\(x = 9\) & \(y = 16\)

\(\frac{1}{\sqrt{x+y}}\) = \(\frac{1}{25}\) \(= 0.04\)


I. \(\frac{\sqrt{x+y}}{2}\) \(= \frac{5}{2} =2.5\)

II. \(\frac{\sqrt{x}+\sqrt{y}}{2}\) \(= \frac{3 + 4}{2}\) \(= 3.5\)

Option III is a bit different , there can be 2 cases -

\(x = 9\) & \(y = 16\) & \(x = 16\) & \(y = 9\)

III. \(\frac{\sqrt{x}-\sqrt{y}}{x+y}\)

Thus there can be multiple possible solutions for option (III)

Hence, we are confident about I & II, but option III , may or may not be > \(\frac{1}{\sqrt{x+y}}\) , so answer will be (E) None of the above.
_________________

Thanks and Regards

Abhishek....

PLEASE FOLLOW THE RULES FOR POSTING IN QA AND VA FORUM AND USE SEARCH FUNCTION BEFORE POSTING NEW QUESTIONS

How to use Search Function in GMAT Club | Rules for Posting in QA forum | Writing Mathematical Formulas |Rules for Posting in VA forum | Request Expert's Reply ( VA Forum Only )

Kudos [?]: 1119 [0], given: 327

Expert Post
Top Contributor
SVP
SVP
User avatar
G
Joined: 12 Sep 2015
Posts: 1851

Kudos [?]: 2627 [0], given: 362

Location: Canada
Re: If x and y are positive, which of the following must be [#permalink]

Show Tags

New post 25 Oct 2017, 07:13
Expert's post
Top Contributor
noboru wrote:
If x and y are positive, which of the following must be greater than \(\frac{1}{\sqrt{x+y}}\)?

I. \(\frac{\sqrt{x+y}}{2}\)
II. \(\frac{\sqrt{x}+\sqrt{y}}{2}\)
III. \(\frac{\sqrt{x}-\sqrt{y}}{x+y}\)

A. I only
B. II only
C. III only
D. I and II only
E. None


Let's test some values.

x = 1 and y = 1
1/√(x + y) = 1/√(1 + 1) = 1/√2

I. √(x + y)/2 = √(1 + 1)/2 = √2/2
Notice that, if we take 1/√2 and multiply top and bottom by √2, we get: √2/2, which is the same as quantity I
Since quantity I is not greater than 1/√2, statement I is not true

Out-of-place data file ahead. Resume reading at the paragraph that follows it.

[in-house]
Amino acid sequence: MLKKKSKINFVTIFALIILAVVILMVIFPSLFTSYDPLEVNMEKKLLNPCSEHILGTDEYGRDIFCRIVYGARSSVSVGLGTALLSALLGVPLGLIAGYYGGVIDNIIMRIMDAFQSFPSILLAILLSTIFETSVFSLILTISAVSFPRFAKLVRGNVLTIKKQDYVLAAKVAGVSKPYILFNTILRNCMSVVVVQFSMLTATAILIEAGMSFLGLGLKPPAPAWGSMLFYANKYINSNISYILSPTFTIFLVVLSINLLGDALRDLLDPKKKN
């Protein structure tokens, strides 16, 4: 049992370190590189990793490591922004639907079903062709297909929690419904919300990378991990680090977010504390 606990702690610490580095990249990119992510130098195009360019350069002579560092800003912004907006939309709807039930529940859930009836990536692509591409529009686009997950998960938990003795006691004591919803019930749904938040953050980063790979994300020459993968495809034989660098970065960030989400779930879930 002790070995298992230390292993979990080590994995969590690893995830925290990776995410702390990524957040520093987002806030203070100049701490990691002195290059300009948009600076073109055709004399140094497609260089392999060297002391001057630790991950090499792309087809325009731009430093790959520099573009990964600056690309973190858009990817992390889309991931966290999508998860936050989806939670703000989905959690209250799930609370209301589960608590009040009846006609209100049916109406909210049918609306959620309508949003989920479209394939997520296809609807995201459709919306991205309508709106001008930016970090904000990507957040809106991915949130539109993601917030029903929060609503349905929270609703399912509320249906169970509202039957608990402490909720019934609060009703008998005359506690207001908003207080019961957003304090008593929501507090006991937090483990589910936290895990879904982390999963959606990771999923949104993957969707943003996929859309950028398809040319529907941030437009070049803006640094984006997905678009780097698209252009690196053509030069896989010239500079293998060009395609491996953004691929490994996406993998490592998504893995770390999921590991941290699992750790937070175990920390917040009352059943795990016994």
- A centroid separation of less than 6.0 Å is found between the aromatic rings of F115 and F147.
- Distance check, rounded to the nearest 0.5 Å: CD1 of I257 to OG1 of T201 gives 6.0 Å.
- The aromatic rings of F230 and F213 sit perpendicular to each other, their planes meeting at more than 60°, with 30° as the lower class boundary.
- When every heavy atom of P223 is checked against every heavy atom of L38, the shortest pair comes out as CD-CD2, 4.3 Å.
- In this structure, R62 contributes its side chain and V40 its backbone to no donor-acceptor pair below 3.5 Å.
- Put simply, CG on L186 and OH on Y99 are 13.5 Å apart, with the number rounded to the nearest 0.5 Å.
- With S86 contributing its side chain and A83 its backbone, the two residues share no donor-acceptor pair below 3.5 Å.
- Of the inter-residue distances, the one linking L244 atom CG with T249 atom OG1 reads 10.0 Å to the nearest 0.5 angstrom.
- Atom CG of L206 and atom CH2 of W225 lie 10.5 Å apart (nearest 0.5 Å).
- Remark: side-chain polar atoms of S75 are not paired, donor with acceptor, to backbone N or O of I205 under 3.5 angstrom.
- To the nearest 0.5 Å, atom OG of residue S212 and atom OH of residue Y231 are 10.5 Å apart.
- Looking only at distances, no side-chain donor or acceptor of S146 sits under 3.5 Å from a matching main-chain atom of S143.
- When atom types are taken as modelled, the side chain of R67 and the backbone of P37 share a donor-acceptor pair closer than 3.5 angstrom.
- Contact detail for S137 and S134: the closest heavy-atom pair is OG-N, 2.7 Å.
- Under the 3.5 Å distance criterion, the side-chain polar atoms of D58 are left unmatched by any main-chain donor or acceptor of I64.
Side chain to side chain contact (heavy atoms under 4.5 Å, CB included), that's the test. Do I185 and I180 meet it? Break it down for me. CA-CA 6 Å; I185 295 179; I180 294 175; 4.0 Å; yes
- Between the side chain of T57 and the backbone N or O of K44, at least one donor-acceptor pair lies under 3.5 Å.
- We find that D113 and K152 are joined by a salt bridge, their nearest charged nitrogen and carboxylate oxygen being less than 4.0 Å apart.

II. (√x + √y)/2 = (√1 + √1)/2 = (1 + 1)/2 = 2/2 = 1
Since 1 IS greater than 1/√2, we cannot say for certain whether quantity II will always be greater than √(x + y)/2

III. (√x - √y)/(x + y) = (√1 - √1)/(1 + 1) = (1 - 1)/2 = 0/2 = 0
Since 0 is not greater than 1/√2, statement III is not true

So, statements I and III are definitely not true, and we aren't yet 100% certain about statement II
Let's try another pair of values for x and y


x = 0.25 and y = 0.25
1/√(x + y) = 1/√(0.25 + 0.25) = 1/√0.5
Let's further simplify 1/√0.5
Since 1 = √1, we can say: √1/√0.5
Then we'll use a rule that says (√k)/(√j) = √(k/j)
So, √1/√0.5 = √(1/0.5) = √2
We see that, when x = 0.25 and y = 0.25, 1/√(x + y) = √2

II. (√x + √y)/2 = (√0.25 + √0.25)/2 = (0.5 + 0.5)/2 = 1/2
Since 1/2 is NOT greater than √2, statement II is not true

Answer:
[Reveal] Spoiler:
E

_________________

Brent Hanneson – Founder of gmatprepnow.com

Image

Kudos [?]: 2627 [0], given: 362

Re: If x and y are positive, which of the following must be   [#permalink] 25 Oct 2017, 07:13

Go to page   Previous    1   2   3   [ 48 posts ] 

Display posts from previous: Sort by

If x and y are positive, which of the following must be

  new topic post reply Question banks Downloads My Bookmarks Reviews Important topics  


GMAT Club MBA Forum Home| About| Terms and Conditions| GMAT Club Rules| Contact| Sitemap

Powered by phpBB © phpBB Group | Emoji artwork provided by EmojiOne

Kindly note that the GMAT® test is a registered trademark of the Graduate Management Admission Council®, and this site has neither been reviewed nor endorsed by GMAC®.